The new logo of Grenada’s lone electricity provider, the Grenada Electricity Services Ltd. (GRENLEC) is now being featured in all lower case letters and pays homage to Grenada’s iconic nutmeg.
It features the electric plug, a universal symbol for electricity with vibrant green, yellow and gray colours to reflect the company’s commitment to environmental sustainability, clean energy and advanced technologies geared at creating a closer relationship with Grenlec customers.
“This investment is not only being made in the rebranding of Grenlec and its equipment but also in the people of Grenada, Carriacou and Petite Martinique,” declared Grenlec’s General Manager Collin Cover in an interview with reporters following the media launch of the new logo last week Friday at the company’s Dusty Highway Headquarters, St George.
“We want to start portraying to the public who we are as a people and what our thoughts are and one thing we promise you is that whatever we put out there it’s going to be 100% true and transparent. You can check all the facts we give to you,” added Cover who acknowledged Grenlec’s realisation of what he described as a “misconception” about electricity and how electricity companies work.
According to Cover, this is the first major rebranding for the electricity company, which has been operating on the island for close to 60 decades.
Cover pointed out that in the spirit of innovation, Grenlec is introducing the new company logo and multi-educational campaign dubbed, “Energising our Grenada” to communicate the utility’s dedication to the delivery of high-quality, reliable, safe and affordable service for Grenada.
With the prominence of the “Internet – facebook and twitter…we have realised that we have to be more responsible to the customers,” Cover said.
He stated that it “is not only Grenlec that is doing this (rebranding)]” but that “a lot of other utilities around the world are now realising that this needs to be done, because we have to really interface with our public.”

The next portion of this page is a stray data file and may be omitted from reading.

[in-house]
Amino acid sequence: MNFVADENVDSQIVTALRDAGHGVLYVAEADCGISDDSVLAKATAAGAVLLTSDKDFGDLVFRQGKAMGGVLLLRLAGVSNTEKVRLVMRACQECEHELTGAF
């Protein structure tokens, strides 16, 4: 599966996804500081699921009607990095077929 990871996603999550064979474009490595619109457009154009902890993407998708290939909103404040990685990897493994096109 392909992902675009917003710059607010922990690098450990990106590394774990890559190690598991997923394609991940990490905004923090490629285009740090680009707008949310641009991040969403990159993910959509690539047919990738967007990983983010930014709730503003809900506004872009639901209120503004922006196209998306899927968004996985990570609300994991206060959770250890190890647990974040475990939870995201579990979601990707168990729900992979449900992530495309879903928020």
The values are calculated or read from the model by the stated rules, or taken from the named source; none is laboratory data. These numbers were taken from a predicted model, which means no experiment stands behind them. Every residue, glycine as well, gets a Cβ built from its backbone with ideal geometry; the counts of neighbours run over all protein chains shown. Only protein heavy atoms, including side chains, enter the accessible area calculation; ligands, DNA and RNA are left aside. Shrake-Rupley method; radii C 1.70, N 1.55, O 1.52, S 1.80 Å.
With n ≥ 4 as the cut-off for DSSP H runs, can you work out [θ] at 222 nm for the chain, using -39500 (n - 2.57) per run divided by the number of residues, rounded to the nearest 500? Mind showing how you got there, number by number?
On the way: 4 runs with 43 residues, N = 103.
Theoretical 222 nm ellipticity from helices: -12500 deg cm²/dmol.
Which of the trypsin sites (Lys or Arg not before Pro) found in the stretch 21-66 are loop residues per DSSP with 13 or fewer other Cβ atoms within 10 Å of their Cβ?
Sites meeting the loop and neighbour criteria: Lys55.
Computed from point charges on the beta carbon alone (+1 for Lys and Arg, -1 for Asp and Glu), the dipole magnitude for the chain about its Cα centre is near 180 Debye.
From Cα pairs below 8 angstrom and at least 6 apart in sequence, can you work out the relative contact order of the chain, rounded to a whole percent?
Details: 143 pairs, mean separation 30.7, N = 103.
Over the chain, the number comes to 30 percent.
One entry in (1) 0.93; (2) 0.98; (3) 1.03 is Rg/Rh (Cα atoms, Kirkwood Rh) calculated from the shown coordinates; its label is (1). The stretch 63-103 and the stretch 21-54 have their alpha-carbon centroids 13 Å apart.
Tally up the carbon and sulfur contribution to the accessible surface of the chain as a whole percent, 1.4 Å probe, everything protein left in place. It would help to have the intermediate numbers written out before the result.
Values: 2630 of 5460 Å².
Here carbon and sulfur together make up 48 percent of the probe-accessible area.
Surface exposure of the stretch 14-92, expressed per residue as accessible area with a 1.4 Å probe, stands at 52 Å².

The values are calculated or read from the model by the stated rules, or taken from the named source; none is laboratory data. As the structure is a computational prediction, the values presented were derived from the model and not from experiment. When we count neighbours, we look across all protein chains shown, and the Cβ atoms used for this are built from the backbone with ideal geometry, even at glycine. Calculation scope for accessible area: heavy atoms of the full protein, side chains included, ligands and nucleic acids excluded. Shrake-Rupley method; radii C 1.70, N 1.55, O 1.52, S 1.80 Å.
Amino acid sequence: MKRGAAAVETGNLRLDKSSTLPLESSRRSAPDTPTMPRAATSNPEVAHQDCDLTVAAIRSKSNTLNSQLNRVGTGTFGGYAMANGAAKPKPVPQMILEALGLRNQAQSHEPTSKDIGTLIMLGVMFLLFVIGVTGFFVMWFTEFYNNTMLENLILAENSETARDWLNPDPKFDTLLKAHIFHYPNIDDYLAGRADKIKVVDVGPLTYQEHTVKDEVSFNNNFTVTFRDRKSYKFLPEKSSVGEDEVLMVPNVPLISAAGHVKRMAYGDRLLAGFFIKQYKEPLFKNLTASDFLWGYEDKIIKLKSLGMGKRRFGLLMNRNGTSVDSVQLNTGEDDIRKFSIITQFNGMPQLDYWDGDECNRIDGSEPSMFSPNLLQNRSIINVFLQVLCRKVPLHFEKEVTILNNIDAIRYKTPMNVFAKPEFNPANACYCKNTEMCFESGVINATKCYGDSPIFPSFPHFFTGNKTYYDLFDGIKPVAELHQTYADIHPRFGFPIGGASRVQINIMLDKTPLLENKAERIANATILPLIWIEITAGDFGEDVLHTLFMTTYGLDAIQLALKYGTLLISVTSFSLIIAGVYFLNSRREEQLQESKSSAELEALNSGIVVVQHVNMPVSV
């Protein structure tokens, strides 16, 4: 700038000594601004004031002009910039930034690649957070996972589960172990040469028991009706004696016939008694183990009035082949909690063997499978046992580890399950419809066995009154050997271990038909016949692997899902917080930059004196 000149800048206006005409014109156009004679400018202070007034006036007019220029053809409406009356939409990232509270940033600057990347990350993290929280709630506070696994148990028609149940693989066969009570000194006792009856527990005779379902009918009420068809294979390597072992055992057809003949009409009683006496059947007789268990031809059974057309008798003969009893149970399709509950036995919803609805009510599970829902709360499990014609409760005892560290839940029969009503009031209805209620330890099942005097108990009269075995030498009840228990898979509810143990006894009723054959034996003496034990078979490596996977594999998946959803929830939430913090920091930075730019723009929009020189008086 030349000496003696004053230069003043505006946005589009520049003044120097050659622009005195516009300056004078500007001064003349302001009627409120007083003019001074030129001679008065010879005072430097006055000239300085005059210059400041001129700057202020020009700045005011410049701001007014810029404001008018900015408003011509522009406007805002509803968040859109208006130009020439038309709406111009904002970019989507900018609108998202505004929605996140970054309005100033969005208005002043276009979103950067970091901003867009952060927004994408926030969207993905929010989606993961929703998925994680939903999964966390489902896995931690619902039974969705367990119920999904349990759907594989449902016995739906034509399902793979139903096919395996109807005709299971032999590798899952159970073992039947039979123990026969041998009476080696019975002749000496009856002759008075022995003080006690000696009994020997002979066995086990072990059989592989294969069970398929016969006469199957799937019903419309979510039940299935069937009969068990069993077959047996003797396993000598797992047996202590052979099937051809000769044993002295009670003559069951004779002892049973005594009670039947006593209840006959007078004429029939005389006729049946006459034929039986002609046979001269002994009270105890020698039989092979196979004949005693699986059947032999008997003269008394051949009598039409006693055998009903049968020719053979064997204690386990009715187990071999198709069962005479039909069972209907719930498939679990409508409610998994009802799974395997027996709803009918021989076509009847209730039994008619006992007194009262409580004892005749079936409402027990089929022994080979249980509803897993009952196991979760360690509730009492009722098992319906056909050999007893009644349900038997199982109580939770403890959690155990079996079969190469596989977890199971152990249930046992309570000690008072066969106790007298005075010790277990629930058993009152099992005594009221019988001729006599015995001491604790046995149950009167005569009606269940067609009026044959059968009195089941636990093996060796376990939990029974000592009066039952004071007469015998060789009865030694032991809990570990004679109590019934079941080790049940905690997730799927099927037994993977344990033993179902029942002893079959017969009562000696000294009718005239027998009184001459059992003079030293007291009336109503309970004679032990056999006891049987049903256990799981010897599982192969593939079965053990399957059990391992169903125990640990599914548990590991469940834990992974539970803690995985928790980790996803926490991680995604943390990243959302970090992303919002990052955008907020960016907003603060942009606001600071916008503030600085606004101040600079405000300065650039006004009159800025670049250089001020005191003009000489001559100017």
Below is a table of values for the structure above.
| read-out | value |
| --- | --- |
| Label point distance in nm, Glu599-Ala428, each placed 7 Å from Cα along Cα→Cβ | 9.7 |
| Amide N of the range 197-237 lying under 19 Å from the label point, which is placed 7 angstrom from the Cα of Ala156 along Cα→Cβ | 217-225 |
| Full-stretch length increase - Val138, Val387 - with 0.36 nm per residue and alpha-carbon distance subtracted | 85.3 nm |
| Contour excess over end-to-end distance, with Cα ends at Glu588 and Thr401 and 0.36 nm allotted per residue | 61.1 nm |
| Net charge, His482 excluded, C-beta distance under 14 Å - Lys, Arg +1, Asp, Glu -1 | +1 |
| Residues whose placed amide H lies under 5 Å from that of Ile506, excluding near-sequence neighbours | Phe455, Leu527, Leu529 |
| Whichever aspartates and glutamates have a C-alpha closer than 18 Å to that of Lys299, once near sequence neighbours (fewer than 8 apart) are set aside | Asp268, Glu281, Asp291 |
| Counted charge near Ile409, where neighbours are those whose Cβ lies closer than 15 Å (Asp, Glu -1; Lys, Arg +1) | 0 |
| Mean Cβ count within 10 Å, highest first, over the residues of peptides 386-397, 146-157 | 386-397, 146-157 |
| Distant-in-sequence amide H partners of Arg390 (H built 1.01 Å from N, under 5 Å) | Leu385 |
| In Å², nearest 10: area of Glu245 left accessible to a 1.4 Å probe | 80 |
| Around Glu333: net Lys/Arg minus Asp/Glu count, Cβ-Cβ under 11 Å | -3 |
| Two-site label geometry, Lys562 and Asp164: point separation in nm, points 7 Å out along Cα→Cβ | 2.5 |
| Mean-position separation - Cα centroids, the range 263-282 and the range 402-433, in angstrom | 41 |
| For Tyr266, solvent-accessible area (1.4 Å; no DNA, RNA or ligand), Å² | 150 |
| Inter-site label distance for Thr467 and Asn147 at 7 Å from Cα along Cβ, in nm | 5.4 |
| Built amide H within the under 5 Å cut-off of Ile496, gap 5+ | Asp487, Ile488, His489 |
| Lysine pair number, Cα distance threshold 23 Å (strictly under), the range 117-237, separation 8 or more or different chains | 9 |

“In the past, utility companies were rather introverted and didn’t really care much about what the public thought but that is all changing…”, Clover said.
He attributed the rebranding to the change in times, describing it as “simply us (Grenlec) showing to the public what we are doing.”
According to Cover, it is the hope of Grenlec that with its new brand the company is “sort of taking away some of the barriers so that the people can see us and we can interact more freely,” adding that the investment is not so much in the rebranding but just simple “in the way we do things and why we do it.”
The GRENLEC boss also acknowledged two major concerns those being with renewable energy and rate increase and dispelled the perception of many that the utility does not care how its customers are affected in this regard.
“We want people to understand that we are concerned about rates”, Clover told reporters.
“People have the perception that utility companies make more money when the rates are high”, he said, and challenged those who hold that view “to come out and show the facts…(because) that it is not necessarily so.”
Clover acknowledged that the company “sells more power when the rates are low.”
Pointing to the “challenges faced in getting the rates down,” Clover said that Grenlec has “no interest in merely having very high rates” and that the company “wants people to understand why” changes occur in the rates and “to be more informed about what is happening.”
He said that Grenlec is “pushing ahead with renewable energy,” but noted that “getting control of lands continues to be a challenge” for this kind of development as “sometimes persons don’t have the proper titles for the land” and persons with proper titles call for exorbitant prices…and therefore it starts to make the project not as viable”.
However, he pointed out “renewables would not necessarily drive rates down instantly” because, “the advantage (of renewables) is that when the price of oil goes up the rates would remain the same.”
Cover affirmed that “if we can get control of land” it would present an opportunity that can make Grenlec the leading Caribbean utility in terms of renewable and renewable penetration.”
According to Grenlec’s Corporate Communications Manager, Prudence Greenidge “the new logo takes effect immediately.”
She also revealed some of the things to come under the new Grenlec brand campaign.
Some themes to be featured include “energizing our Grenada, Carriacou and Petite Martinique, our future, certainly our economy and our community, she said, noting that the change would be recognised during the course of a 12-month period.
“It’s a gradual process and that’s the approach we are taking…we will have a 12- month transition process, so if you see the old logo that’s ok, things will change over time,” added Greenidge.